Health-care cuts start to sting

Blue Cross, government tell different stories about coverage for pregnant refugees


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A n expectant mom is feeling the fallout from federal funding cuts to refugee health care that took effect June 28 and the "covert" changes made since, says a Winnipeg doctor.

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Hey there, time traveller!
This article was published 27/07/2012 (3961 days ago), so information in it may no longer be current.

A n expectant mom is feeling the fallout from federal funding cuts to refugee health care that took effect June 28 and the “covert” changes made since, says a Winnipeg doctor.

The woman with complications in the late stages of pregnancy is scared to get prenatal care because she’s a refugee claimant, has been told it’s no longer covered and she can’t afford it, said Dr. Mike Dillon.

“Her support community is concerned it’s going from bad to worse for her,” said Dillon. The woman is from a war-torn country and has a serious underlying health problem that’s not getting treated, he said. She’s had to go to the emergency room once already, he said.

Since cuts to the interim federal health program took effect in June, there have been contradictory statements from officials as to whether prenatal care would be covered. Blue Cross, which administers the program for the federal government, says prenatal care isn’t covered, while Citizenship and Immigration Canada is telling people it is, Dillon said.

“The government can’t sort out, itself, what care is available,” he said. “How can you expect someone who speaks Swahili from Congo to know what’s going on?”

Dillon is part of a national health-care coalition trying to get Citizenship and Immigration Minister Jason Kenney to reverse a cost-cutting move that killed supplemental health-care benefits for refugees in their first year.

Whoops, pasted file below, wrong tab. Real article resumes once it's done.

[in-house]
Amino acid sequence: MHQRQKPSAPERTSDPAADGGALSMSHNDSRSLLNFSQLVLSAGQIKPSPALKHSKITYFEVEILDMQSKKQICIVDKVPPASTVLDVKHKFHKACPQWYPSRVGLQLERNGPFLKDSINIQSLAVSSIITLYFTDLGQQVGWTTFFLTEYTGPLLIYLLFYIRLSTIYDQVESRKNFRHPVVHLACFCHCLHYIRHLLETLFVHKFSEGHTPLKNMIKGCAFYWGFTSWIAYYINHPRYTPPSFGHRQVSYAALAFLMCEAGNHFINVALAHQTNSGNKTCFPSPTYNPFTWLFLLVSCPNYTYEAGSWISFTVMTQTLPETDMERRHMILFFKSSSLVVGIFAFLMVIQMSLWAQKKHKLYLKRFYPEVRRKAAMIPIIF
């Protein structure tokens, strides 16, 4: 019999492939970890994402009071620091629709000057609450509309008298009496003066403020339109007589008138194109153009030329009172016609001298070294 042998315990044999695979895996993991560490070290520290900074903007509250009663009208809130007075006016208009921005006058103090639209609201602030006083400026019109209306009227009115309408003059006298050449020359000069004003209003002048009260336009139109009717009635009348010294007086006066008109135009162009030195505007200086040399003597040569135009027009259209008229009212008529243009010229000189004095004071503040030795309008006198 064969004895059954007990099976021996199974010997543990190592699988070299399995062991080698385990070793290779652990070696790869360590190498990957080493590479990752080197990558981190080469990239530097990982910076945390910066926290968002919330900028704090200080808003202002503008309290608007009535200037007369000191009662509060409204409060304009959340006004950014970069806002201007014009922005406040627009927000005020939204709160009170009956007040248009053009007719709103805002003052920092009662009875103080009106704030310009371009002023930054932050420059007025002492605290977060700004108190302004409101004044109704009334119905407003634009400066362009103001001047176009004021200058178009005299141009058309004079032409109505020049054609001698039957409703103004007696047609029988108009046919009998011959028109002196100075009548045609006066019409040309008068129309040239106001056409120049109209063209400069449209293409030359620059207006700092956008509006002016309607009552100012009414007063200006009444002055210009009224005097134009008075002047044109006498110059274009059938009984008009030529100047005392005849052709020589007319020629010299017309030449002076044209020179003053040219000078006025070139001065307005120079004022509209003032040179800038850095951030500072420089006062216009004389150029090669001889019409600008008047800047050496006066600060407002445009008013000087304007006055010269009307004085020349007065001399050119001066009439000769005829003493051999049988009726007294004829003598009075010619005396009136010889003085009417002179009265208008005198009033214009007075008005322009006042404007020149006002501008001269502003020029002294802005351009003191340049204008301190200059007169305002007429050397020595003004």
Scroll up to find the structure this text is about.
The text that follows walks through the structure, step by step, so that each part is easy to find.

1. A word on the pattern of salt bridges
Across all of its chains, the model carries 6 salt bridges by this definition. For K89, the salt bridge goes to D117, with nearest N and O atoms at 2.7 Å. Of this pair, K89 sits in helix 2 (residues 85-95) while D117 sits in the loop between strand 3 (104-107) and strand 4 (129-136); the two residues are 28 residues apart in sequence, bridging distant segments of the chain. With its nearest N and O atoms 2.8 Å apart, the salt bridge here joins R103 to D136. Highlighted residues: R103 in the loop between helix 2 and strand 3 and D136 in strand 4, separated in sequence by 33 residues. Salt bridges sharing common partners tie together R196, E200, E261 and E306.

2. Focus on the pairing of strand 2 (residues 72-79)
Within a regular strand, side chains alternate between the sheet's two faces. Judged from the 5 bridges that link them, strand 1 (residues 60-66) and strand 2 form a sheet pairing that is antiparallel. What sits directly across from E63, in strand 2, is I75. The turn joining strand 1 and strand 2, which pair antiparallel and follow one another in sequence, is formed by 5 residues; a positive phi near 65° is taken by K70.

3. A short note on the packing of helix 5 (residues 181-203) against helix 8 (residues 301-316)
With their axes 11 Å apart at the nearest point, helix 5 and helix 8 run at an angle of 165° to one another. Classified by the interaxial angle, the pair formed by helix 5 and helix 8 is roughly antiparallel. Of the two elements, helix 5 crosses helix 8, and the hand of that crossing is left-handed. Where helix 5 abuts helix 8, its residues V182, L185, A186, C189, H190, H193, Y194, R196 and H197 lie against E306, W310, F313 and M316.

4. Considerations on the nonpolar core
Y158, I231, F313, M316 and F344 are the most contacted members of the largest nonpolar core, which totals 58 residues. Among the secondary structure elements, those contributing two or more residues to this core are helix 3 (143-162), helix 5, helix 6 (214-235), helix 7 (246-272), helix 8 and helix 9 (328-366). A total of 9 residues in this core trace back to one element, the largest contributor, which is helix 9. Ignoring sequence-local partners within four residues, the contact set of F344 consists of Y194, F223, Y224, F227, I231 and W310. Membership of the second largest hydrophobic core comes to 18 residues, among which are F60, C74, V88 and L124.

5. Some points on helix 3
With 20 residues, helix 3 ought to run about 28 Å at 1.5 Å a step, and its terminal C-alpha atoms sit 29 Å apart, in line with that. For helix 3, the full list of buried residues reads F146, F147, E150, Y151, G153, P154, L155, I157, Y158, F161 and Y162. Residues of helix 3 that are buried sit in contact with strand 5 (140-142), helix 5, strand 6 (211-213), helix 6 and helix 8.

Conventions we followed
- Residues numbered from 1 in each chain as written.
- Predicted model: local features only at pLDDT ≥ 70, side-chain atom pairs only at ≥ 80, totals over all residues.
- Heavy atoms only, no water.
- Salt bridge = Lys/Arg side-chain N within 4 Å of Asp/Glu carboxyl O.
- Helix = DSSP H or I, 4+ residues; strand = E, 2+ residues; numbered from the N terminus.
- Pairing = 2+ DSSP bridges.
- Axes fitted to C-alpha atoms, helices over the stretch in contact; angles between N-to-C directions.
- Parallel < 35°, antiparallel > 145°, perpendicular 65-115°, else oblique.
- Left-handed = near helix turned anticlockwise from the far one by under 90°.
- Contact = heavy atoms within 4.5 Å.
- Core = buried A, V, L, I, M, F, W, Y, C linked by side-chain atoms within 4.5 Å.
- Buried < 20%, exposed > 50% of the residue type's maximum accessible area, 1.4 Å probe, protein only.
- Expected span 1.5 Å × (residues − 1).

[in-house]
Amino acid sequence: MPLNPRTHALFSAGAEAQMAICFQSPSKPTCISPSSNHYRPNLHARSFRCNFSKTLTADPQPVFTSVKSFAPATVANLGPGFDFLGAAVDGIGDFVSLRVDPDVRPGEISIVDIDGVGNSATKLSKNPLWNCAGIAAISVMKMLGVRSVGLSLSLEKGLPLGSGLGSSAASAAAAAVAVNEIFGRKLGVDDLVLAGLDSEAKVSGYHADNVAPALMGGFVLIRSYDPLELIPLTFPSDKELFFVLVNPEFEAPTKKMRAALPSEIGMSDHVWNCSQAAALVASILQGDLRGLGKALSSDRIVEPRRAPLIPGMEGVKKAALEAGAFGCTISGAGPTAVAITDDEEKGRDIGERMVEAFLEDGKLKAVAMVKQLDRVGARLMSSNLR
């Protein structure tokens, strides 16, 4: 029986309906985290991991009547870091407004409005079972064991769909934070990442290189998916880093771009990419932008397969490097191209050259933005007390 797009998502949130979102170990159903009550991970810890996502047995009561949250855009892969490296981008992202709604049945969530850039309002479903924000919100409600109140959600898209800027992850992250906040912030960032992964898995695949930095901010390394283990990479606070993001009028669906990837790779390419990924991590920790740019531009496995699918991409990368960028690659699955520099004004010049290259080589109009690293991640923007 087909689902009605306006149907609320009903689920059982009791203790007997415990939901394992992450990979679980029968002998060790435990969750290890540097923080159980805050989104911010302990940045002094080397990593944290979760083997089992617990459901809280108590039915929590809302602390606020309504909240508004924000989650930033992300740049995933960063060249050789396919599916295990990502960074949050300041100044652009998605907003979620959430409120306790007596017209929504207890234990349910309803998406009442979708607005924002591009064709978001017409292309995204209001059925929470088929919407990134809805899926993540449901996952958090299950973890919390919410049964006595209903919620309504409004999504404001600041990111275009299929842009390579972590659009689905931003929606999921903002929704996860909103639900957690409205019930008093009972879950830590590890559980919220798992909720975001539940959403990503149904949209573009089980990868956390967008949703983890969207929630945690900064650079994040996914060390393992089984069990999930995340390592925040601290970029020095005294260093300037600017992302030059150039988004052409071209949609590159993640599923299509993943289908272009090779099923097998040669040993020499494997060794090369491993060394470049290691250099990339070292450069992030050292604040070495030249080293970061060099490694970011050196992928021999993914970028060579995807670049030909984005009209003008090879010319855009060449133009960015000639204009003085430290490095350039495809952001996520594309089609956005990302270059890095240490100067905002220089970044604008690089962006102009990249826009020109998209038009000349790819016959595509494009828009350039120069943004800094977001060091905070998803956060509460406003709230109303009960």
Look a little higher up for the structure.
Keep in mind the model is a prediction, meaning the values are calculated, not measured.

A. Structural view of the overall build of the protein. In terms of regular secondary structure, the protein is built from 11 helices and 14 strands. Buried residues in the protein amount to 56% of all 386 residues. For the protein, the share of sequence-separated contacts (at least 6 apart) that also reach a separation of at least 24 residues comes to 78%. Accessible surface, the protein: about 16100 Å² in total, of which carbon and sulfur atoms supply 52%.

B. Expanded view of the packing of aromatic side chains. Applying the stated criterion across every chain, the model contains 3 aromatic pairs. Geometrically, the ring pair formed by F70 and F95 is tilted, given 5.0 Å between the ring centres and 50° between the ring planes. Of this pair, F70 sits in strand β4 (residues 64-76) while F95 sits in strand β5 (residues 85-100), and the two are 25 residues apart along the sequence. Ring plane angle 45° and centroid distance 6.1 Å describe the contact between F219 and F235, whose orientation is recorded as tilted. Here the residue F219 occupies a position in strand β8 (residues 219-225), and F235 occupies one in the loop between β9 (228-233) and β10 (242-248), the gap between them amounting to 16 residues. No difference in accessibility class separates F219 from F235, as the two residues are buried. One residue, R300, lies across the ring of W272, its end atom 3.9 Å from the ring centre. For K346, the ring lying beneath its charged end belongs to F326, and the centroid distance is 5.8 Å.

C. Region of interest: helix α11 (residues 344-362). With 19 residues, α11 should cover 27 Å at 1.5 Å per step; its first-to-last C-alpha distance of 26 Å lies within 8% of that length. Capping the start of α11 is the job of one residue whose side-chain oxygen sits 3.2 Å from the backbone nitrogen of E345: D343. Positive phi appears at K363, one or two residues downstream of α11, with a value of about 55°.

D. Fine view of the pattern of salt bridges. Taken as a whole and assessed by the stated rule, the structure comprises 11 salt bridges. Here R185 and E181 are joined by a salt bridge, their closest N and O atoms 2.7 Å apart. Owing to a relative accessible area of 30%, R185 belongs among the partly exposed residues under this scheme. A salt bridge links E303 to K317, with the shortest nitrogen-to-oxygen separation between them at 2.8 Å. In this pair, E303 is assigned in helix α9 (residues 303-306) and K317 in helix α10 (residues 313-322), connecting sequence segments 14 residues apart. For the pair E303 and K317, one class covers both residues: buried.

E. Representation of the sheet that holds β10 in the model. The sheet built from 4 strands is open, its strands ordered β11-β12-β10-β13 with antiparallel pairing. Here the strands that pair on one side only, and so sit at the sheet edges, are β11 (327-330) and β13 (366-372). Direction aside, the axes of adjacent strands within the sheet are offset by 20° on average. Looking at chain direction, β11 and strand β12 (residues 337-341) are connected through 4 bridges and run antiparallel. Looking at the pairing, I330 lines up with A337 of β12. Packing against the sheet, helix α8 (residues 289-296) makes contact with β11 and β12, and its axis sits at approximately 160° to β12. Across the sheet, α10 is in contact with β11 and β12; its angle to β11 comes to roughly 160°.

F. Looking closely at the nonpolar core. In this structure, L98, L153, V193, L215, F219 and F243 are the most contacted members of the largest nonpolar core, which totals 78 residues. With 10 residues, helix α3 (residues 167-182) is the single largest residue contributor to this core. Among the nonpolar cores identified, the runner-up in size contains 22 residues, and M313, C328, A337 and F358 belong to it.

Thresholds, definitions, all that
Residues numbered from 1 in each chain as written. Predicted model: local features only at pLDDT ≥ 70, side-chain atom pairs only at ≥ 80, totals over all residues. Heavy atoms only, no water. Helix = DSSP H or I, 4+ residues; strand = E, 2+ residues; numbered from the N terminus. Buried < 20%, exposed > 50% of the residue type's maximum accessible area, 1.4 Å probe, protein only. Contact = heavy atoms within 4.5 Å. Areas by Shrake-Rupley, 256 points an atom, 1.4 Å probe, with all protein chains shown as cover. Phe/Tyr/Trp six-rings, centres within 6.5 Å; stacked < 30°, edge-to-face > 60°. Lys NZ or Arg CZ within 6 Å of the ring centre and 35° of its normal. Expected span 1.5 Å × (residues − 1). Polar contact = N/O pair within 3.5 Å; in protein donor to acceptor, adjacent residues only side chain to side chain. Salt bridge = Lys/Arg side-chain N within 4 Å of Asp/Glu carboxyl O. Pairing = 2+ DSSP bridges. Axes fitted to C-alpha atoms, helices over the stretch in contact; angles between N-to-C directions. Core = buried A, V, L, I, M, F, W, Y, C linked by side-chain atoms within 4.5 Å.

Doctors across the country protested, saying cuts would end up costing taxpayers more if refugees’ health problems are left to fester without prescription medication, mobility aids and prenatal, dental and vision care.

Dillon fears the pregnant refugee claimant in Winnipeg might end up being a prime example.

“In the end, I think the system will have to pay a lot for this person’s care.”

On June 28, Citizenship and Immigration Canada backed off its initial plan to cut off all refugees. Government-assisted refugees will receive supplemental benefits but the privately sponsored will not.

Dillon said the program changes weren’t announced — the department just switched information on its website, he said. Citizenship and Immigration denied its policy had changed, and stated government-assisted refugees were never expected to lose supplemental benefits.

But government-assisted refugees in Winnipeg had received official letters of notice from the Canadian government saying prescription-drug benefits are being reduced, and things like “vision care, dental care, (and) devices to assist mobility” will no longer be covered.

“The changes to the interim federal health program have been done in a covert way which has led to significant confusion at every level, from refugees who had received letters in June saying their services were to be discontinued, to clinicians who are unsure which services were going to be covered, to the Blue Cross program itself which administers payments for services based on federal guidelines,” said Dillon.

The government has not sent out any notices to clarify the new changes in policy, said Dillon, who’s worked with refugees for nearly 20 years. He’s worried about the patients he’s not seeing as a result of the confusion. Many may now be eligible for core health services and some have had extended benefits reinstated, he said.

“Most of these newcomers, as well as their care providers, have been left in the dark.”

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